The processes for introducing fluorine-containing compounds into the polyurethane polymeric substrates according to the invention will be described below with reference to a detailed illustrative reaction scheme thereof.
The first process comprises a reaction in which diisocyanates are treated with a polymeric substrate to introduce isocyanate functional groups thereinto, and a fluorine-containing compound is then bonded onto the isocyanate groups thus introduced. ##STR1##
The diisocyanates useful in the invention include, for example, hexamethylene diisocyanate (HMDI), toluene diisocyante (TDI), diphenylmethane diisocynate (MDI), and the like. Organic stannous compounds or amines which are used as the catalyst for the polyurethane polymerization can also be employed in Reaction 1. This reaction proceeds under mild conditions and is thus advantageous in that the polymeric substrates are not deteriorated.
The second process comprises a reaction in which a polymeric substrate is treated with strong bases to form an urethane anion, and the urethane anion is then reacted with a fluorine-containing compound which further contains a halogen atom. Useful strong bases include, for example, sodium and potassium hydride, sodium and potassium ethoxide, sodium and potassium butylate, and methylmagnesium bromide. The reaction involved in the second process can be summarized in the following reaction scheme: ##STR2## The processes for the preparation of modified polymers described above can be performed by a surface reaction on the polymeric substrate once molded. Alternatively, the polymeric materials can be modified in solution in a proper solvent, and the resultant polymeric solution is useful as a molding and coating material.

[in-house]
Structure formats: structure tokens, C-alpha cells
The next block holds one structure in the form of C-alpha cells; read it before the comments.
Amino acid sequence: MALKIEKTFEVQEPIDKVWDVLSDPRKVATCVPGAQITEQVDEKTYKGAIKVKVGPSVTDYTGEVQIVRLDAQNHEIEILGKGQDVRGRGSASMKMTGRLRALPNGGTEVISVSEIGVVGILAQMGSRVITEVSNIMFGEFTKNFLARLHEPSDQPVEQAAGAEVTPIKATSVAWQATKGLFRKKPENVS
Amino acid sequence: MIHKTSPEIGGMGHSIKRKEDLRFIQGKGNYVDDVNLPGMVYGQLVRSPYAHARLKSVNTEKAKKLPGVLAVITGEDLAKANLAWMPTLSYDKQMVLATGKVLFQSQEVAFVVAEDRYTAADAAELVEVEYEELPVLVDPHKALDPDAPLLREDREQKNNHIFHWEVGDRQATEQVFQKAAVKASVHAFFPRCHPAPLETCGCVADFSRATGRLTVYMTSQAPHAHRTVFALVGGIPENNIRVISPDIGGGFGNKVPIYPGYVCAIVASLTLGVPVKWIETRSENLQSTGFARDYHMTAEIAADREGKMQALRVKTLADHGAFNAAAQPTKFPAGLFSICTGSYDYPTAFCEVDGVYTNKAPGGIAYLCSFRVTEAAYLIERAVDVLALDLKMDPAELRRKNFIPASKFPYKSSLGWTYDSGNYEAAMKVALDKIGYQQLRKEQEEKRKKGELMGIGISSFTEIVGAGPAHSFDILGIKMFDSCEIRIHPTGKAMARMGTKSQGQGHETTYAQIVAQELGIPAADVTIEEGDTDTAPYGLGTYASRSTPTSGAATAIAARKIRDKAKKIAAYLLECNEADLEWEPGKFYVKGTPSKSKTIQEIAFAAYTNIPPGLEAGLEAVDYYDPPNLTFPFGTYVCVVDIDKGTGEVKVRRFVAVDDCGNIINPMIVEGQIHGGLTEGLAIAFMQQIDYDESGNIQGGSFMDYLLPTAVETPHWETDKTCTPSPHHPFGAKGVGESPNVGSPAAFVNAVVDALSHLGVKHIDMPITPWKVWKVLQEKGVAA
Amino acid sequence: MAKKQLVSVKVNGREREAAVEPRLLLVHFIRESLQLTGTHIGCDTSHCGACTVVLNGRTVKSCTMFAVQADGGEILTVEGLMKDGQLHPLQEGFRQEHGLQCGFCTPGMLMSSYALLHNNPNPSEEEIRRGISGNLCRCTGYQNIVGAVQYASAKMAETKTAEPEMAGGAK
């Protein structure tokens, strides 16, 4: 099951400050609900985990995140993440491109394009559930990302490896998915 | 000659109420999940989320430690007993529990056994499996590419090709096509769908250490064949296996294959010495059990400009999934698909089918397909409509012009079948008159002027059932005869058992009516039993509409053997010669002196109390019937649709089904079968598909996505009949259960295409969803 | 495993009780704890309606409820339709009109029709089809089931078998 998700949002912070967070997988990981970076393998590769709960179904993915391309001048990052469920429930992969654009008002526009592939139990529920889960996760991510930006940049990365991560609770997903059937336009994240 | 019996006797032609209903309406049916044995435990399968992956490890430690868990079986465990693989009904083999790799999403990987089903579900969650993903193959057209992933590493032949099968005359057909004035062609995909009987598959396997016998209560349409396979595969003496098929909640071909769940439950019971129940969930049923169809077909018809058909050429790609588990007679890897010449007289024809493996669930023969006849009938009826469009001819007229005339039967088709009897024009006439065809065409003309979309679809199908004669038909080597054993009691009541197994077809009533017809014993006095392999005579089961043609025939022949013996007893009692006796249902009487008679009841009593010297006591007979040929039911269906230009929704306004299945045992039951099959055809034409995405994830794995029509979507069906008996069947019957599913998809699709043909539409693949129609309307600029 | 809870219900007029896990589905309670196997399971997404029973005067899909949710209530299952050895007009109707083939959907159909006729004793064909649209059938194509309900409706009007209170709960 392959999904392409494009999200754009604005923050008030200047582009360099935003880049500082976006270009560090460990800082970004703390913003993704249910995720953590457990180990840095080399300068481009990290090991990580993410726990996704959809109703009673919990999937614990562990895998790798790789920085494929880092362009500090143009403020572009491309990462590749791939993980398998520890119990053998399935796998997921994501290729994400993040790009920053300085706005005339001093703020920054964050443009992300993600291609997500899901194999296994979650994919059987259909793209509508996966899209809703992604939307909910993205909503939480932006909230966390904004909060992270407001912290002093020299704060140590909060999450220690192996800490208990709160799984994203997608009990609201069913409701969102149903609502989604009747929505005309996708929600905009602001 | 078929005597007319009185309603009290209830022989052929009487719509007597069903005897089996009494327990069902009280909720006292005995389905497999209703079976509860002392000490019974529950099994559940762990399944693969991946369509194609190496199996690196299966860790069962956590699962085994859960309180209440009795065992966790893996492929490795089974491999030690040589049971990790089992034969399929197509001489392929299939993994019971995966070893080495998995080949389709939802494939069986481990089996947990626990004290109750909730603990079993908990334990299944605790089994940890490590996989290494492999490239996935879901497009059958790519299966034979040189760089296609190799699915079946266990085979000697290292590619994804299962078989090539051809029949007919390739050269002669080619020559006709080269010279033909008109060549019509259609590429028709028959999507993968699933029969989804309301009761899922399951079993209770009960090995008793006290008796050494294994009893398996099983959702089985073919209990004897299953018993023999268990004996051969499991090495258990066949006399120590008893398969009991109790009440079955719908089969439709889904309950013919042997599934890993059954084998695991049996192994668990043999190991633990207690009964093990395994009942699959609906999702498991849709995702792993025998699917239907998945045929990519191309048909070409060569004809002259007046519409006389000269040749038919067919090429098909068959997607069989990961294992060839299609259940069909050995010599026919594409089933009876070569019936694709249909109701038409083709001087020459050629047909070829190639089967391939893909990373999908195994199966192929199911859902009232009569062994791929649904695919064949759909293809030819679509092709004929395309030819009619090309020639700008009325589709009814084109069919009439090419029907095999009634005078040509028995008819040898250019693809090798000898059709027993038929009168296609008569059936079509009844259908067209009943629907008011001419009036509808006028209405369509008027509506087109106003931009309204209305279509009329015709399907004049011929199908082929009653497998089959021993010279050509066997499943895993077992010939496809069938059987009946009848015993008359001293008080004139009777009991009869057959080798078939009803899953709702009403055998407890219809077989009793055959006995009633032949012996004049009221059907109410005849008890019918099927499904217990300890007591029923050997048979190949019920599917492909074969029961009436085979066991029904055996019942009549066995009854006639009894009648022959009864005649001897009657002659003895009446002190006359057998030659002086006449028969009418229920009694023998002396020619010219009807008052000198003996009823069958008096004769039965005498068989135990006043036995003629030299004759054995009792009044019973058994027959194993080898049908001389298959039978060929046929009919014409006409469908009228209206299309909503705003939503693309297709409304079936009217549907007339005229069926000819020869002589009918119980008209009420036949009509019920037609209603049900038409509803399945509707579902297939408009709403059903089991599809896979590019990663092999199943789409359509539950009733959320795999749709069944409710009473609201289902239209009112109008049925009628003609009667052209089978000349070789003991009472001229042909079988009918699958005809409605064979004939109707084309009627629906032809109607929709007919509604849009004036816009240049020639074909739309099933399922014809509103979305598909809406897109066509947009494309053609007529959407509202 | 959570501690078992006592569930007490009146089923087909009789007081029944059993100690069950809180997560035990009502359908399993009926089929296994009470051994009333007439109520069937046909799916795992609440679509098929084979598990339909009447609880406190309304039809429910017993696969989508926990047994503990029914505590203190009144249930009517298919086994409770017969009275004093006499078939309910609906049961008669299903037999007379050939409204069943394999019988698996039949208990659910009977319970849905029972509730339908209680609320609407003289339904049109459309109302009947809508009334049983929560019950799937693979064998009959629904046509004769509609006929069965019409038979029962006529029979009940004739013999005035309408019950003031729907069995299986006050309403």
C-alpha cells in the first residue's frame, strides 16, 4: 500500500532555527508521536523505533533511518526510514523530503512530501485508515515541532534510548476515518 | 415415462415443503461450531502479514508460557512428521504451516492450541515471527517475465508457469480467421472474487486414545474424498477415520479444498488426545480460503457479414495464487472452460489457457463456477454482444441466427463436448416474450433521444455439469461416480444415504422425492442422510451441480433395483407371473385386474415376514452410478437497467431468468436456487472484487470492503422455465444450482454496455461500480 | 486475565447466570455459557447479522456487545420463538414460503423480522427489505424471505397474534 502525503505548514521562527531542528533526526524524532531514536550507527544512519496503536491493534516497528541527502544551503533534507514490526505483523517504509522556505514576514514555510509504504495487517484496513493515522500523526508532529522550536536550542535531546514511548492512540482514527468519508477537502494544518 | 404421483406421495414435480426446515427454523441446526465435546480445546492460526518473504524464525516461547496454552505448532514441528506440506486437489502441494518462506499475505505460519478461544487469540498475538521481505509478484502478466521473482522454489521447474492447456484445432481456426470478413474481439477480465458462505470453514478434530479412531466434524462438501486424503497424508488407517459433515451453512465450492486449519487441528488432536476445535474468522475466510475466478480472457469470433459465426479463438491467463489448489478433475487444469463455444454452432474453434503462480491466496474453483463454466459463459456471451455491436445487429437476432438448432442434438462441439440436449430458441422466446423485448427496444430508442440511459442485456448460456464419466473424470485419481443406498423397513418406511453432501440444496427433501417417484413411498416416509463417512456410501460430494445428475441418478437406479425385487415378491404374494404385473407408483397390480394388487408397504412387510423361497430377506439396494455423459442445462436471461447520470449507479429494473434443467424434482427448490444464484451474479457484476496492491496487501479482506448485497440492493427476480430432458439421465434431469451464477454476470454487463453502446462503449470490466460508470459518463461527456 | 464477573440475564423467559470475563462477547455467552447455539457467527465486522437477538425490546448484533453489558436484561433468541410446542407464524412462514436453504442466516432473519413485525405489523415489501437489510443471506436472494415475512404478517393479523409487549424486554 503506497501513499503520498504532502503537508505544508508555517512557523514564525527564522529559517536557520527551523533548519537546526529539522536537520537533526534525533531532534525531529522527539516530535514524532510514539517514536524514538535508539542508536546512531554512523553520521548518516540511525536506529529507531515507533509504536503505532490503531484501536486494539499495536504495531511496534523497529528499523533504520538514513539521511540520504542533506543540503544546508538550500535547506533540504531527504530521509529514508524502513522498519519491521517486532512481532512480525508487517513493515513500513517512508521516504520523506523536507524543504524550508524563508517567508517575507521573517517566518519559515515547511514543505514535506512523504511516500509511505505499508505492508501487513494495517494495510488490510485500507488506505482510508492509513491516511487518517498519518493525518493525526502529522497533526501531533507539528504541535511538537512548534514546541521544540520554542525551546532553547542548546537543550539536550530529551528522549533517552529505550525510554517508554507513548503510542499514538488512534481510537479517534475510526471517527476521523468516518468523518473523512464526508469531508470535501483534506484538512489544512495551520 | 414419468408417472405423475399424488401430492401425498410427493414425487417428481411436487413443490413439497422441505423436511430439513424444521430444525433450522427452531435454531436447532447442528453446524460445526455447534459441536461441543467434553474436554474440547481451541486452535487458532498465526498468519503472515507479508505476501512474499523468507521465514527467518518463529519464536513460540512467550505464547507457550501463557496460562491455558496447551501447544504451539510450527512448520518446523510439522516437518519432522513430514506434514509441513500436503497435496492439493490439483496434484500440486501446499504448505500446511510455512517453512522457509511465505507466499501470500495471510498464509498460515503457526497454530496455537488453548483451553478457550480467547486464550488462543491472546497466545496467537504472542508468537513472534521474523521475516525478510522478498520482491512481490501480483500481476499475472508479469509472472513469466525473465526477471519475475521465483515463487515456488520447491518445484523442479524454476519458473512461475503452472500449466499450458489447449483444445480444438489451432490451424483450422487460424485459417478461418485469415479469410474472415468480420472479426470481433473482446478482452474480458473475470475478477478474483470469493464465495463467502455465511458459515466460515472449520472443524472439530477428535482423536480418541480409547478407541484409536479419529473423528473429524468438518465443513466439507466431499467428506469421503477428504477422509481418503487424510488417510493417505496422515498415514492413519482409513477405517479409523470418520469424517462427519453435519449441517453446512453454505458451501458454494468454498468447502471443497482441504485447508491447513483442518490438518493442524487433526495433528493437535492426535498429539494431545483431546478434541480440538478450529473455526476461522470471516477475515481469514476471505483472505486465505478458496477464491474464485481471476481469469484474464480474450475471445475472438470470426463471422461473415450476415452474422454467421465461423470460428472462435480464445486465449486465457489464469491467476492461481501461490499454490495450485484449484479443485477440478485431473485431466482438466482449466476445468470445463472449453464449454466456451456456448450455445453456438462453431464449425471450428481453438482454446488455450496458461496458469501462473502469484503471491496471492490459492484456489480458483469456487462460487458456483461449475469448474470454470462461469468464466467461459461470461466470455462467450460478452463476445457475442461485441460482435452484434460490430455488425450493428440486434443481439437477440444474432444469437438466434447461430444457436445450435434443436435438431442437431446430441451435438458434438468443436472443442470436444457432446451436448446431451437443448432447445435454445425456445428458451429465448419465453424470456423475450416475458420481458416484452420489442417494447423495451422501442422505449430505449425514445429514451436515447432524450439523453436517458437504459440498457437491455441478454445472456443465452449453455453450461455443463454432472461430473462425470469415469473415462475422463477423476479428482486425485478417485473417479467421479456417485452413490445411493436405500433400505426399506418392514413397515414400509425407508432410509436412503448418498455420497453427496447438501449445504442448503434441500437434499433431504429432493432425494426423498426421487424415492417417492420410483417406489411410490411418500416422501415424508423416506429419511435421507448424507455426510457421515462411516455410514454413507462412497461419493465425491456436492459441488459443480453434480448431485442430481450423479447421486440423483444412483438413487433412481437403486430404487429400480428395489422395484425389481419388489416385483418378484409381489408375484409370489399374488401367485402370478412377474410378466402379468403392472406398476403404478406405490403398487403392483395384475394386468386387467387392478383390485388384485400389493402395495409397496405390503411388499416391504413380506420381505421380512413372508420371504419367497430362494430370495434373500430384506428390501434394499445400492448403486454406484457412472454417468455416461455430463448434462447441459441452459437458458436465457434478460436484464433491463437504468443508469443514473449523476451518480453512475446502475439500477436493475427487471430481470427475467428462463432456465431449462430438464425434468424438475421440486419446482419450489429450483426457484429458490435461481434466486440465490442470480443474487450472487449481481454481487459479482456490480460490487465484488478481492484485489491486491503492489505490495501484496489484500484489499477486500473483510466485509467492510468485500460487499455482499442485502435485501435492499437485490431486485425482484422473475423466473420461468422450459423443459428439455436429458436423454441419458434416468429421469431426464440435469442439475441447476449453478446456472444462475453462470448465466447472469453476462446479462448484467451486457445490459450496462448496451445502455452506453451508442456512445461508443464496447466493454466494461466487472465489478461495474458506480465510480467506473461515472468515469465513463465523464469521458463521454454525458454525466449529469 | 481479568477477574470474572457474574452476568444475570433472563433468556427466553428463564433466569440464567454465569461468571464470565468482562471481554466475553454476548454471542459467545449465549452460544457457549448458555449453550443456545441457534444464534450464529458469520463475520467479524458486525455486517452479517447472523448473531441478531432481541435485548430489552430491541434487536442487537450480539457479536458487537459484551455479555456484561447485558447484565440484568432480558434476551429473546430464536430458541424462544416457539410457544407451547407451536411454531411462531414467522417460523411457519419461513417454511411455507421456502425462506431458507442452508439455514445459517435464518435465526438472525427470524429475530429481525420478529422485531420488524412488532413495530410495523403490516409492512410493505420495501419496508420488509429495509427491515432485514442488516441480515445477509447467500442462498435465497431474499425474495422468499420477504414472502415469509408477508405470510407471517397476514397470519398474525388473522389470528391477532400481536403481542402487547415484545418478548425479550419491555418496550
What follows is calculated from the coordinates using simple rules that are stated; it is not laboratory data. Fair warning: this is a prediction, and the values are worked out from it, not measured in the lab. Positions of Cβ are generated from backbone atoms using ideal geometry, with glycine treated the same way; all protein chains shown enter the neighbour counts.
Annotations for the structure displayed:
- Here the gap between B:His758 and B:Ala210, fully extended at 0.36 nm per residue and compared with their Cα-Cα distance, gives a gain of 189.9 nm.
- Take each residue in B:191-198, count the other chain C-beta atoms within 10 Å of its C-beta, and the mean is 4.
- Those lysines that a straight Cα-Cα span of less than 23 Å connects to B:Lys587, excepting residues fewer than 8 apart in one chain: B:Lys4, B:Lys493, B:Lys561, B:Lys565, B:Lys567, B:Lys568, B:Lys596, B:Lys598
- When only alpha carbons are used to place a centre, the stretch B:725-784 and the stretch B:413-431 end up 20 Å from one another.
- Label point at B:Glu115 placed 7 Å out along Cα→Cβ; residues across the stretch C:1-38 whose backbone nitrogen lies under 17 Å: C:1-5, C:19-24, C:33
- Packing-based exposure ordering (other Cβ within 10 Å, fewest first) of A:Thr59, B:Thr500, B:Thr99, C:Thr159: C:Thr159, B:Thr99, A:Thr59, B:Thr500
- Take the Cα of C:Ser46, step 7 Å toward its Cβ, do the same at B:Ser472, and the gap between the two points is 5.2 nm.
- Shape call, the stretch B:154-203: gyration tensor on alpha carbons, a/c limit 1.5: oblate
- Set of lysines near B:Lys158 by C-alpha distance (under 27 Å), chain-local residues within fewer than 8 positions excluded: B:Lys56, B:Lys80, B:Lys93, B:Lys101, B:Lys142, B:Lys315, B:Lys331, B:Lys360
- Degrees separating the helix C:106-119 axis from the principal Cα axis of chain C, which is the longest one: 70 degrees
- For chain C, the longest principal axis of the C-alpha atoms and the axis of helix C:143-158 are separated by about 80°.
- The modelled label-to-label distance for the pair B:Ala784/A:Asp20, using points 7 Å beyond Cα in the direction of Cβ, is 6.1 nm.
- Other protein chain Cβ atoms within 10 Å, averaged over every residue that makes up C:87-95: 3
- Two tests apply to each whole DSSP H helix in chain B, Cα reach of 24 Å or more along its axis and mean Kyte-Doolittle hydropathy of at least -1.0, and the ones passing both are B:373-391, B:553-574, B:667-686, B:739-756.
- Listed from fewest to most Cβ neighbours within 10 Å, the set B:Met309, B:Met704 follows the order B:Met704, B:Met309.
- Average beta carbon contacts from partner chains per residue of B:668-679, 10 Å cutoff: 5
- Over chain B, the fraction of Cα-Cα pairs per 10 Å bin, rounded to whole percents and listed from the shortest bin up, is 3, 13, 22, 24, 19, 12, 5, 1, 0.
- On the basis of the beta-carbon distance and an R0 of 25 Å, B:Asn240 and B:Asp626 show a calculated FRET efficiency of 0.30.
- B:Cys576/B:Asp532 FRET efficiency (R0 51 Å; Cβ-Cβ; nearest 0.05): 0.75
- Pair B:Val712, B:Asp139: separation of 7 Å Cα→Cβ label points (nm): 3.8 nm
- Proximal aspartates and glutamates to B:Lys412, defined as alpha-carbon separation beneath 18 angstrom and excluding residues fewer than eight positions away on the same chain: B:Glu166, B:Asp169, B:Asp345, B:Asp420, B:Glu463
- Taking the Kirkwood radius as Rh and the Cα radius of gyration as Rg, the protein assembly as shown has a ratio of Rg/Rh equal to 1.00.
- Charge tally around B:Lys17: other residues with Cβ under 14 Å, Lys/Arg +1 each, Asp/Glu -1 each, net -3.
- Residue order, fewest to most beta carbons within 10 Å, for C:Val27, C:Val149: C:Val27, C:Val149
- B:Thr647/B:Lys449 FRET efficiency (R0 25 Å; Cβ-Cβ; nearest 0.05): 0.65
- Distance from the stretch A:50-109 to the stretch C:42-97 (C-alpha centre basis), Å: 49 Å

In the case of a surface reaction, it is essential to carry out the reaction in a medium in which the polymeric substrates are insoluble. It is preferred to use a medium having a lower swelling ability. Examples of useful solvents include tetrahydrofuran, dimethylacetamide, dimethylformamide, and the like. These solvents are properly selected depending on the types of reactions to be carried out, i.e., the surface reaction or solution reaction.
The modified polymers according to the invention may be used as the medical structural and coating materials, such as films, sheets, tubes, fibers or hollow fibers. Because the modified polymers according to the invention have superior blood compatibility, when they are used as the basic materials for the artificial, circulatory, internal organ systems to be contacted with blood, such as artificial hearts, artificial blood vessels, artificial heart valves, artificial blood oxygenaters and artificial kidneys, or for the medical devices or instruments to be inserted into blood vessels, such as vein catheters, artery catheters and intraaortic balloon pumps, the side effects which would be caused from blood coagulation can be significantly reduced.
The hydrophobicity and hydrophilicity of the modified polymers according to the present invention are evaluated based on the dynamic contact angles determined by the Whilhelmy plate method [Smith, et al., J. Appl. Polym. Sci., 26, p.1269 (1982)]. This method is to determine the advancing contact angle and the receding contact angle by precisely measuring changes in the weight when the material is soaked in and taken out of water. The higher the advancing contact angle is, the greater the hydrophobicity of the material is, whereas the lower the receding contact angle, the greater the hydrophilicity of the materials.
In vitro platelet adhesion test and ex vivo arterio-arterial shunt test using rabbits are used in order to evaluate the blood compatibility of materials.
The platelet adhesion test is to determine the amounts of platelets that adhere to each material. A sample material was dipped into a platelet rich plasma (PRP) at 37° C. for 3 hrs. The sample was removed and washed with a phosphate buffered saline (PBS) solution. After completing the washing, the sample was soaked into a 0.2% aqueous glutaraldehyde solution in a PBS buffer for 2 hrs. to fix the adhered platelets onto the surface of the sample. The sample so treated was dehydrated with an aqueous ethanol, freeze-dried, and then observed by a scanning electron microscopy.